# Book of Good Living: The Risk Rule

Book of Good Living: The Risk Rule October 12, 2014

My approach to risk is tuned toward the more sensitive end of the spectrum. (We’re not counting the bull riding, which was a 20-something macho-guy one-off.)

As I said in my last post, I’ve gotten to the age of 62 without a stitch, a broken bone, or a major accident of any sort. I’ve done it by following a rough rule for dealing with risks.

So here’s my Risk Rule. (Note that this applies mainly to physical dangers, and not to existential hazards such as being turned down when asking someone out on a date.)

There’s the CHANCE of a thing happening. And there’s the COST if it does happen. The two factors are separate, but they work together to determine the probability of injurious end result. It’s not Chance vs. Cost, it’s Chance TIMES Cost.

There are five general risk scenarios:

1) Zero-zero.

The probability of the thing happening is zero, and the effect if will have if it does is zero. You don’t need to think about it. You’re not going to be attacked in your bathroom by butterflies. And even if you are attacked, by some extremely remote chance, it’s butterflies. Eh.

2) Zero-Something.

The probability of the thing happening is zero, but the effect if it does happen is significant. You still don’t need to think about it.  You’re not going to be attacked in your bathroom by a sitatunga. Even through such an attack might leave you injured … it’s just not going to happen. Eh.

3) Something-Zero.

The probability of the thing happening is significant, but the effect if it does happen is zero. You don’t need to think about it. A complete stranger is going to someday look at you and think “What a complete asshole.” You will probably never even know it when it happens. But afterward, the two of you will go your separate ways and never see each other again. Eh.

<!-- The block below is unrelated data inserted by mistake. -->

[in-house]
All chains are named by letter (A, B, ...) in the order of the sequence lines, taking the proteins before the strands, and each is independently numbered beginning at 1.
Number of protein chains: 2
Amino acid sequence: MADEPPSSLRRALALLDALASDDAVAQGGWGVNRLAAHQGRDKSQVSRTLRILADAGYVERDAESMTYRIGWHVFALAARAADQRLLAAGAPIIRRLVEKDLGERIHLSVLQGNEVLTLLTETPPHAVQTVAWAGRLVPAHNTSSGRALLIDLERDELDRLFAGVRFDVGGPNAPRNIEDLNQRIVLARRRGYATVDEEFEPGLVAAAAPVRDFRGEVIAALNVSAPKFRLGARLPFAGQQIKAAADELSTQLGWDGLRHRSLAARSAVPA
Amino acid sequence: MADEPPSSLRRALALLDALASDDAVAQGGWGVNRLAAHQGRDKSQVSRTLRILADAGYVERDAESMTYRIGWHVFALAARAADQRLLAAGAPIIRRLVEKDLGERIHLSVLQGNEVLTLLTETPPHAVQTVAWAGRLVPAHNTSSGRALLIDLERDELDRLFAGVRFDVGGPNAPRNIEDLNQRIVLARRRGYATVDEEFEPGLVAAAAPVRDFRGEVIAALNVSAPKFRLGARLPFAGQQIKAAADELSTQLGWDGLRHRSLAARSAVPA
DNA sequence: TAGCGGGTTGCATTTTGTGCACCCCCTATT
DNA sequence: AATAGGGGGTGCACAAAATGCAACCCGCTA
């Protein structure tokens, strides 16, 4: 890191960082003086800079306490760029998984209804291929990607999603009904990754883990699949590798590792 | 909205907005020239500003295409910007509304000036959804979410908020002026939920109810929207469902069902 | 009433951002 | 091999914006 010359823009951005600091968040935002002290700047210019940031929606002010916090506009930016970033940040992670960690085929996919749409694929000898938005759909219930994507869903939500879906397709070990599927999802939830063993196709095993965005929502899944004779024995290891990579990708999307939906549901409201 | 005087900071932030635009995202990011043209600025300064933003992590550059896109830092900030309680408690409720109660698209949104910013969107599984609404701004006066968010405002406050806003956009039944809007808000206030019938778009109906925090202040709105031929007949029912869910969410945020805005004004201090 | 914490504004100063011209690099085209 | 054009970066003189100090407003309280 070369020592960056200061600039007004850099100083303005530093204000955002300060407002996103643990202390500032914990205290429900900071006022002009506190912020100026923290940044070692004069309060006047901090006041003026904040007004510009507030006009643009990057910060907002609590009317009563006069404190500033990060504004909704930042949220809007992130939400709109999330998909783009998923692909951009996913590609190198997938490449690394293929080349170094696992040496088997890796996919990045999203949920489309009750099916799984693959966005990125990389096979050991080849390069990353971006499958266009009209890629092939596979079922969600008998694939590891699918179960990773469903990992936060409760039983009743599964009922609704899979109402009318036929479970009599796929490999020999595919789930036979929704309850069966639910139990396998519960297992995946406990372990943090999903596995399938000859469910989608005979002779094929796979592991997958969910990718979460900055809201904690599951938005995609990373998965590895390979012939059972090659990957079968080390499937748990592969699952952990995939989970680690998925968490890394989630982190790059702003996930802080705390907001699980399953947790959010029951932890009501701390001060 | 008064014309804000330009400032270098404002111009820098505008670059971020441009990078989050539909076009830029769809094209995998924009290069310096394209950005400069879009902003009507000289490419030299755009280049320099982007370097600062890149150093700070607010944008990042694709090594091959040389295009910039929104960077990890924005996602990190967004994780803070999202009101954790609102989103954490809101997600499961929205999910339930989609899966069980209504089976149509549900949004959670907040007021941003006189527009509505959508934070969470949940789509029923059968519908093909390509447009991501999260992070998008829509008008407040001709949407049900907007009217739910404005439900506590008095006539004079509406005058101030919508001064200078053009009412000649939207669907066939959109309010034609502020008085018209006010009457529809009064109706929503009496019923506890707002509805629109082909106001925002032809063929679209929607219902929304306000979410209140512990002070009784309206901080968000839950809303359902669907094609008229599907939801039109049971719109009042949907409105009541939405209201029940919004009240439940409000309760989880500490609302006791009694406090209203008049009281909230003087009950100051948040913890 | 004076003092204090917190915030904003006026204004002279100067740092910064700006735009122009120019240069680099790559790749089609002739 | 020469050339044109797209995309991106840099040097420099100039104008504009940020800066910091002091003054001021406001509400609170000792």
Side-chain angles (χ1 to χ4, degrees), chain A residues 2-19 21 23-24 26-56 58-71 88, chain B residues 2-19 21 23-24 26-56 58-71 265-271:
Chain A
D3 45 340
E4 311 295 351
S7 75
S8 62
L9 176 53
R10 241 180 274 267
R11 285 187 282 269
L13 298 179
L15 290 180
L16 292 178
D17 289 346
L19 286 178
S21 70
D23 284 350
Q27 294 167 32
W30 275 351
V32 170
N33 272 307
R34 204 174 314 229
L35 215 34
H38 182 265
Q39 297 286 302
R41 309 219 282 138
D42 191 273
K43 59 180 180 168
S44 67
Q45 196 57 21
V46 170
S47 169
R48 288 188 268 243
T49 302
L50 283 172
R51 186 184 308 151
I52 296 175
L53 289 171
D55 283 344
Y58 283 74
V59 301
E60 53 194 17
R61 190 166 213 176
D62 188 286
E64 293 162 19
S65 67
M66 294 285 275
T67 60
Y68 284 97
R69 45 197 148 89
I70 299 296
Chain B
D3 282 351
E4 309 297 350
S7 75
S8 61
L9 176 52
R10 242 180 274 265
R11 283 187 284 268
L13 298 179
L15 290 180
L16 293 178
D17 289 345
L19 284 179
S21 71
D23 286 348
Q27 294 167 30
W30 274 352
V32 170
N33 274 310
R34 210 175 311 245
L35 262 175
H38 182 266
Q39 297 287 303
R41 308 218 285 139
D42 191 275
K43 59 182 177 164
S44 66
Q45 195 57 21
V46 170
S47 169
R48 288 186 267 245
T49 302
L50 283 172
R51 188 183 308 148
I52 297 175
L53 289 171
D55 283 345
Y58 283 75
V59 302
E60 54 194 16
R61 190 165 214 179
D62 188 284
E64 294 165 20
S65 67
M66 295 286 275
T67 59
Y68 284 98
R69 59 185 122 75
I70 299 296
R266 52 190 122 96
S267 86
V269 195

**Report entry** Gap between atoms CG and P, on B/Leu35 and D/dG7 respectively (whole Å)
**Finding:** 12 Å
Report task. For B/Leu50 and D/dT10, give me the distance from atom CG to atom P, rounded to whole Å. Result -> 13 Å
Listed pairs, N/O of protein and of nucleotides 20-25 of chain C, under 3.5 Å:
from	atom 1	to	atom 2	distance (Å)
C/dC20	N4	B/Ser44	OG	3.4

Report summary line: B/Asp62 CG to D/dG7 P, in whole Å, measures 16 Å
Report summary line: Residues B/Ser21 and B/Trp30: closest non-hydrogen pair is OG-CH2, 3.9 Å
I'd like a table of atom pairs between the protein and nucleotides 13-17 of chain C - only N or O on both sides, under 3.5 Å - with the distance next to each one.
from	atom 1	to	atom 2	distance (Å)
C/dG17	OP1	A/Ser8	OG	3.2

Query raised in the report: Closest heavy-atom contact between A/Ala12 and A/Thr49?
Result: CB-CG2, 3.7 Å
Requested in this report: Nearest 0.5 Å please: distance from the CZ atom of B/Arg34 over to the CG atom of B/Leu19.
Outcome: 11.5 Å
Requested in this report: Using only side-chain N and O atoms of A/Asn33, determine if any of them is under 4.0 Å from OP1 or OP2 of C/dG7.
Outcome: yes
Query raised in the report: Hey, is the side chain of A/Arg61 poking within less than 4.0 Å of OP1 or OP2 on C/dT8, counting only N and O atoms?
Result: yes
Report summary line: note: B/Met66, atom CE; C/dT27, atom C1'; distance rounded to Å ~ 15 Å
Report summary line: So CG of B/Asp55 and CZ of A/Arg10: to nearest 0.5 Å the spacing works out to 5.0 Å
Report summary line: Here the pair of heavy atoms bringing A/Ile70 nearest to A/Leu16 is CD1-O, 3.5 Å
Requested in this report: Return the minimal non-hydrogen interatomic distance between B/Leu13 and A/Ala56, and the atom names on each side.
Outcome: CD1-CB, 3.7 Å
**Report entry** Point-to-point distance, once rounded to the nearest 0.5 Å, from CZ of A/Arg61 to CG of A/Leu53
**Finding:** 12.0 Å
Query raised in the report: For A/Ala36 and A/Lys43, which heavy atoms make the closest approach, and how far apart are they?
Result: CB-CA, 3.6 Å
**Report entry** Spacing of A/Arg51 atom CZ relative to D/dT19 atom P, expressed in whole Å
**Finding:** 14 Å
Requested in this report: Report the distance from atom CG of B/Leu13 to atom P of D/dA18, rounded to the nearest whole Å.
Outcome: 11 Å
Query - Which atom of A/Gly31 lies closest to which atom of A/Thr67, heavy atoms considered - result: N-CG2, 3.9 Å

4) Something-Something.

The probability of the thing happening is non-zero, and the effect if it does happen is non-zero.  You’re going to cross the street in traffic and there’s going to be a driver who fails to notice you. He may strike and injure you. Whoa. You definitely need to pay attention, and work to limit the negative outcomes.

And a special case …

5) Something-Infinity

That rock ledge you’re standing on PROBABLY isn’t going to break. Hey, it’s been just that way for tens of thousands of years. But rock ledges DO break, and if this one does, you’re definitely, absolutely, without any doubt, going to fall and die. Double-whoa. You need to not do that thing.

If there’s an ALMOST ZERO chance of the thing happening, but if it DOES happen it will cost you the entire rest of your life, you treat it as if it was an extremely dangerous situation.

Unless and until you think about it, decide the risk is worth it to you personally — that there is some large potential payoff — and deliberately accept that things could go bad.

The point of the Risk Rule isn’t for you to hide yourself away from life and never again ride motorcycles or swim in the ocean, or ski down black diamond runs. The point is 1) to approach each Scenario 5 situation with your eyes open and knowing you’ve made a conscious, adult decision to proceed, and 2) to limit the number of these types of risks you take.

In these cases, Chance X Cost equals some very high level of probability. Over the course of a lifetime, repeatedly taking these kinds of risks increases the potential for a fatal accident. Sooner or later, you will suffer for it. As the saying goes, “There are old pilots and bold pilots, but there are no old, bold pilots.”

In fact, the same is true of Scenario 4, especially if you’re doing something – smoking, drinking, using drugs – which is non-fatal in the short term but has a cumulative effect toward certain negative health effects. Sooner or later, you’ll suffer some consequence, which may very well include misery and death.

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